The actor Sir Michael Gambon has died aged 82, his family has said.
He was best known for playing Professor Albus Dumbledore in six of the eight Harry Potter films.
The Dublin-born star worked in TV, film, theatre and radio over his six-decade career. He won four Baftas.
His widow Lady Gambon and son Fergus said their “beloved husband and father” died peacefully in hospital with his family by his side, following a bout of pneumonia.
Sir Michael’s family had moved to London when he was a child but he made his very first stage performance in Ireland, in a production of Othello in Dublin in 1962.
His career took off when he became one the original members of Laurence Olivier’s National Theatre acting company in London. He went on to win three Olivier awards for performances in National Theatre productions.
Fellow actor Dame Helen Mirren led tributes to her “naughty but very, very funny” friend.
In an interview for this weekend’s Sunday with Laura Kuenssberg, Dame Helen recalled how he had kept her “constantly in laughter” as they appeared on stage in Antony and Cleopatra, and during filming of 1989’s The Cook, the Thief, His Wife and Her Lover.
She added that the two had discussed growing older, and how that affected their work: Sir Michael was “utterly realistic” about his situation, she said.”He found it increasingly difficult to remember lines, which I have the greatest of sympathy with, and that sort of took him away from theatre,” she said.‘Magnificent trickster’
He played French detective Jules Maigret in ITV series Maigret and was also known for his role as Philip Marlow in Dennis Potter’s The Singing Detective on the BBC.
Sir Michael took on the role of Dumbledore – headmaster of wizarding school Hogwarts – in the hit Harry Potter series, based on JK Rowling’s novels, after the death of Richard Harris in 2003.
Fiona Shaw, who played Petunia Dursley in the films, told BBC Radio 4’s The World at One: “He varied his career remarkably and never judged what he was doing, he just played.”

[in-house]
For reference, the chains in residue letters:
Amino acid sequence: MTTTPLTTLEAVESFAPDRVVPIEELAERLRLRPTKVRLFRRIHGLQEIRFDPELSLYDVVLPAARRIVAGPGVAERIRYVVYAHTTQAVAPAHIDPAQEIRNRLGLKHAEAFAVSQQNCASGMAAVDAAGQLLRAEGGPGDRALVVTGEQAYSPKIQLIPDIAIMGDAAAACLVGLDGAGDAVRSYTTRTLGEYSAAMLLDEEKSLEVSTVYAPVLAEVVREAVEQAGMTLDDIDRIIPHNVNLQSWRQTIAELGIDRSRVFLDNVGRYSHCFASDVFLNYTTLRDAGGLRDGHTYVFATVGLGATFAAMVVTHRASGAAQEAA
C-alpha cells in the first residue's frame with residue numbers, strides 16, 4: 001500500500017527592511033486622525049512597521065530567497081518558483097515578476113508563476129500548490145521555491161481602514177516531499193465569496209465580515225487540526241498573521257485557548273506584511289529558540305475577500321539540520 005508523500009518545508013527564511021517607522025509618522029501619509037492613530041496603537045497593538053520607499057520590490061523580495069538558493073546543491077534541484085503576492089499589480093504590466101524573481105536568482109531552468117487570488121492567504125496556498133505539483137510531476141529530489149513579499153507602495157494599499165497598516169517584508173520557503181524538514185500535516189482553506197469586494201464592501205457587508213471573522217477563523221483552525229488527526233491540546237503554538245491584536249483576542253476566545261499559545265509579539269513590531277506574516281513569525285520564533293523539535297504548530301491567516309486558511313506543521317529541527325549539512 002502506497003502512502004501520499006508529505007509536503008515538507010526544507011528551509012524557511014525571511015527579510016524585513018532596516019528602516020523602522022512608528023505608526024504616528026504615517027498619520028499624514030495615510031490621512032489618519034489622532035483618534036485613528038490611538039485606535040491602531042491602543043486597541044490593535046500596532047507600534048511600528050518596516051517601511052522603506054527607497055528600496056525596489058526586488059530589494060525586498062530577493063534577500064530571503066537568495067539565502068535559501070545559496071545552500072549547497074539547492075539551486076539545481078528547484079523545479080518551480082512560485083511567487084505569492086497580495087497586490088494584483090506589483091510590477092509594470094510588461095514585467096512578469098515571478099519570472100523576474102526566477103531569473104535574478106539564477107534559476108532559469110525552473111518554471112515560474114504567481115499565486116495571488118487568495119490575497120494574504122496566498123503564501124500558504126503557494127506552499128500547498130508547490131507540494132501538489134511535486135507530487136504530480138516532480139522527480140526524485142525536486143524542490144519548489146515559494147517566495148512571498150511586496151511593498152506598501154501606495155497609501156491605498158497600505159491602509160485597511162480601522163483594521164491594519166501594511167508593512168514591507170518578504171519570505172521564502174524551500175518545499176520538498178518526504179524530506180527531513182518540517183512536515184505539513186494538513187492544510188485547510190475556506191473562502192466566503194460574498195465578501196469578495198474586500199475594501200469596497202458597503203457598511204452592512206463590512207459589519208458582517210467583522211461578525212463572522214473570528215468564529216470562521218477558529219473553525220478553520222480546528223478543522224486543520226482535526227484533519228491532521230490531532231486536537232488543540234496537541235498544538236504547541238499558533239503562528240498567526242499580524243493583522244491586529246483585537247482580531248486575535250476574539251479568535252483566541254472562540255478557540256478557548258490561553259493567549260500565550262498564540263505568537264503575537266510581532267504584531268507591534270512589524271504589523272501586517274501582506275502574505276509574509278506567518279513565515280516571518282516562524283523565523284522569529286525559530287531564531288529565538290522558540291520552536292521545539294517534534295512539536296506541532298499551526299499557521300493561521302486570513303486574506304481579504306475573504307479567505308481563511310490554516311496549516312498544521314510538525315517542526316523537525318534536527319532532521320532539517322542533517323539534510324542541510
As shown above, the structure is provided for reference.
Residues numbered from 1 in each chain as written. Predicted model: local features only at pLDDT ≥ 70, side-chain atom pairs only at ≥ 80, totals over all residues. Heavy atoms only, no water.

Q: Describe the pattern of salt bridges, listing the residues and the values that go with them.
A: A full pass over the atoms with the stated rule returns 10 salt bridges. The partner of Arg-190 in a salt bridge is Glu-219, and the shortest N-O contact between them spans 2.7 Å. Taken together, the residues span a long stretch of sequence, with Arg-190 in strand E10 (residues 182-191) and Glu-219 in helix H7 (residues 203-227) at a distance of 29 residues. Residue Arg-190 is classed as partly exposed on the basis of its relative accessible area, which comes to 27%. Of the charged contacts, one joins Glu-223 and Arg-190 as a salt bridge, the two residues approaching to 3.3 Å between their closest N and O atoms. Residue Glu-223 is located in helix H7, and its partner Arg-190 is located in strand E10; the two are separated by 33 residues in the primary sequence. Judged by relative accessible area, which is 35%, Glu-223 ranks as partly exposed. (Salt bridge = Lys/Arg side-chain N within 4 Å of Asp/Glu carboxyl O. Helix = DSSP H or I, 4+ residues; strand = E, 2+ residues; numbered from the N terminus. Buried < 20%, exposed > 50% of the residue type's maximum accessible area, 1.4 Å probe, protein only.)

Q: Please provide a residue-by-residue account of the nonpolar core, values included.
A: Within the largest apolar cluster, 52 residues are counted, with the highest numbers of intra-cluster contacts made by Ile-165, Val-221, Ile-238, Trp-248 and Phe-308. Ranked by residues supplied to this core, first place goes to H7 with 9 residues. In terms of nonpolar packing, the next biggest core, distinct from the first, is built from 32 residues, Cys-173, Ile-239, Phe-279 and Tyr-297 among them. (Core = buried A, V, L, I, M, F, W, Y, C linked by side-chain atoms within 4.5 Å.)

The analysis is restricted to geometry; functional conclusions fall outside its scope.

She said she would always think of him “as a trickster, just a brilliant, magnificent trickster”, adding: “With text, there was nothing like him. He could do anything.”
Jason Isaacs, who played Lucius Malfoy in the series, wrote on social media: “I learned what acting could be from Michael in The Singing Detective – complex, vulnerable and utterly human.
“The greatest thrill of being in the Potter films was that he knew my name and shared his fearless, filthy sense of fun with me.”
And James Phelps, who played Fred Weasley in the films, called Sir Michael “a legend” in a tribute on X, formerly known as Twitter.He also shared a screenshot of text of him recalling Sir Michael once offering to go over lines one weekend when he had a part in Peter and the Wolf with the Manchester Halle Orchestra.
“We spent what should have been his downtime going over my weekend gig. It is a memory that I’ve always had as one of the highlights of my (Harry Potter) days,” he said.
Actor Dame Joan Collins, who played Sir Michael’s wife in BBC sitcom Mama’s Back in 1993, called him a “great actor and great fun”.
Dame Eileen Atkins, a longstanding friend of Sir Michael, told BBC Radio 4’s The World at One he was “a great actor, but he always pretended he didn’t take it very seriously” and that he had amazing stage presence.
“He just had to walk on stage and he commanded the whole audience immediately,” she said. “There was something very sweet about him, this huge man who could look very frightening – but there was something incredibly sweet inside Michael.”
She added: “I will always remember that man.”